The April 2013 Supreme Court decision in Comcast Corp. v. Behrend, No. 11-864, was a profound change benefitting companies facing class action lawsuits. The Court held that a plaintiff seeking certification must establish through “evidentiary proof” that damages can be measured on a class-wide basis. Individual damage issues can defeat class certification where those issues cannot be resolved on a class-wide basis. This tightens the requirements of some courts which have held that individual issues related to the amount of damages should not preclude class certification.
Since that time, trial courts, attorneys, and damage witness have struggled to determine the extent to which individual concerns over damages prevent class certification. If held to the strictest standard, few classes could ever become certified. To attempt to address the Comcast damage requirements, most plaintiffs now endeavor to use statistics to show typical reactions, prices, etc. But, in most cases, the mere fact that statistics measuring central tendency are used demonstrates that proposed class members are not all identical.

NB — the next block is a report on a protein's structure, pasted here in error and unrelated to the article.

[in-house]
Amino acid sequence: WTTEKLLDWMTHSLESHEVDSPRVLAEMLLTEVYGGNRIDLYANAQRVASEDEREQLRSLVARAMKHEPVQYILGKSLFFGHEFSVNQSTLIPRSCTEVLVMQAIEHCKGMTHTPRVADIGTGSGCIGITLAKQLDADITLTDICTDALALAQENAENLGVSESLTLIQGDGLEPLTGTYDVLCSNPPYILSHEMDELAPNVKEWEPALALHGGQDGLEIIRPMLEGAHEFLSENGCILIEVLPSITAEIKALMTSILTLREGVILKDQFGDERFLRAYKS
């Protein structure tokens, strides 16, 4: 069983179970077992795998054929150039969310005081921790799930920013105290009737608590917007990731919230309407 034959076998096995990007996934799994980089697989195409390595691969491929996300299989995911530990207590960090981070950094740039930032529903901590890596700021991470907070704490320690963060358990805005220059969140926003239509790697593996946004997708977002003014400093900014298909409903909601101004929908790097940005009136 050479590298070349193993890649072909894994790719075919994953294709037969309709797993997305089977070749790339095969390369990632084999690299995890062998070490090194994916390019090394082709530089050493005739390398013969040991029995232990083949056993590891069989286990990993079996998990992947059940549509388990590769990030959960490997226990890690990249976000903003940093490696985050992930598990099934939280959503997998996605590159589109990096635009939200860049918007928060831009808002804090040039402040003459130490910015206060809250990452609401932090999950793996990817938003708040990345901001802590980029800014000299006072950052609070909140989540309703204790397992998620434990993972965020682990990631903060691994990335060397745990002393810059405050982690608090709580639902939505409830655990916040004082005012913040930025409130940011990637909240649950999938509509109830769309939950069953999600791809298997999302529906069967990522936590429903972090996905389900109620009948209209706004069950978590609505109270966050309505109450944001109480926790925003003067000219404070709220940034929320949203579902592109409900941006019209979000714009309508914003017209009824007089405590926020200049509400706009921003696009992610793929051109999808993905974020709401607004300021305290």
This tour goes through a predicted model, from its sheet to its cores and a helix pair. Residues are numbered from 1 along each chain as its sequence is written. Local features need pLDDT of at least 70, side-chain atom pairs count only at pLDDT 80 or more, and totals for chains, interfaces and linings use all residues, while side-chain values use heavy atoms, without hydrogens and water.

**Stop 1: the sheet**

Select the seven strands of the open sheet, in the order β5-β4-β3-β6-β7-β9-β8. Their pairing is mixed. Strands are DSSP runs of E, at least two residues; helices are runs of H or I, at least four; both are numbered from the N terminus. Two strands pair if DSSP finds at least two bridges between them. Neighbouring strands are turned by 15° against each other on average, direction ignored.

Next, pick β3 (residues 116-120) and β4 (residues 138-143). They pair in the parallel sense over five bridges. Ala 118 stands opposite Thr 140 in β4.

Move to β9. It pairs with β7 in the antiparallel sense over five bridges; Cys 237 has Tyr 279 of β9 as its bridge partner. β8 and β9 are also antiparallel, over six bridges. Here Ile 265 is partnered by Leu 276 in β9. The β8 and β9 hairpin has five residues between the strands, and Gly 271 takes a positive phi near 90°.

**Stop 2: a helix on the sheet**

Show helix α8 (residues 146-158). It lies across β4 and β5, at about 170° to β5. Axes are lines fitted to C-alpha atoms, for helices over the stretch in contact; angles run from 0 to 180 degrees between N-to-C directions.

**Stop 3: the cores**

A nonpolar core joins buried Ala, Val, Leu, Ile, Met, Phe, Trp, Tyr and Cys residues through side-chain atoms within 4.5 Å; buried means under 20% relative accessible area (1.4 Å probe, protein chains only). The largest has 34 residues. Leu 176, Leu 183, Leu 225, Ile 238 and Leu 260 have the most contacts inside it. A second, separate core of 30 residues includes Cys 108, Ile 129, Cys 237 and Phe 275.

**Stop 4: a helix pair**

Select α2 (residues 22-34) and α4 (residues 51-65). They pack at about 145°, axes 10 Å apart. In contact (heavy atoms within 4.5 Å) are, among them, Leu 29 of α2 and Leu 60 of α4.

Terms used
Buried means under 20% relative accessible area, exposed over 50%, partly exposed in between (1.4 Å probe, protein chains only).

With this important background in mind, the U.S. Supreme Court has agreed to re-visit the use of statistics to demonstrate the commonality required for class certification. In agreeing to review Tyson Foods, Inc. v. Bouaphakeo, a wage and hour class action case, the Court will address the use of statistical techniques that presume all class members are similar and whether a class can include individuals who were not injured.
As described in this related article, should the Supreme Court remove statistical analysis as a tool to address differences, it will seriously erode the ability of many groups of similarly situated individuals to achieve class certification and calculate damages.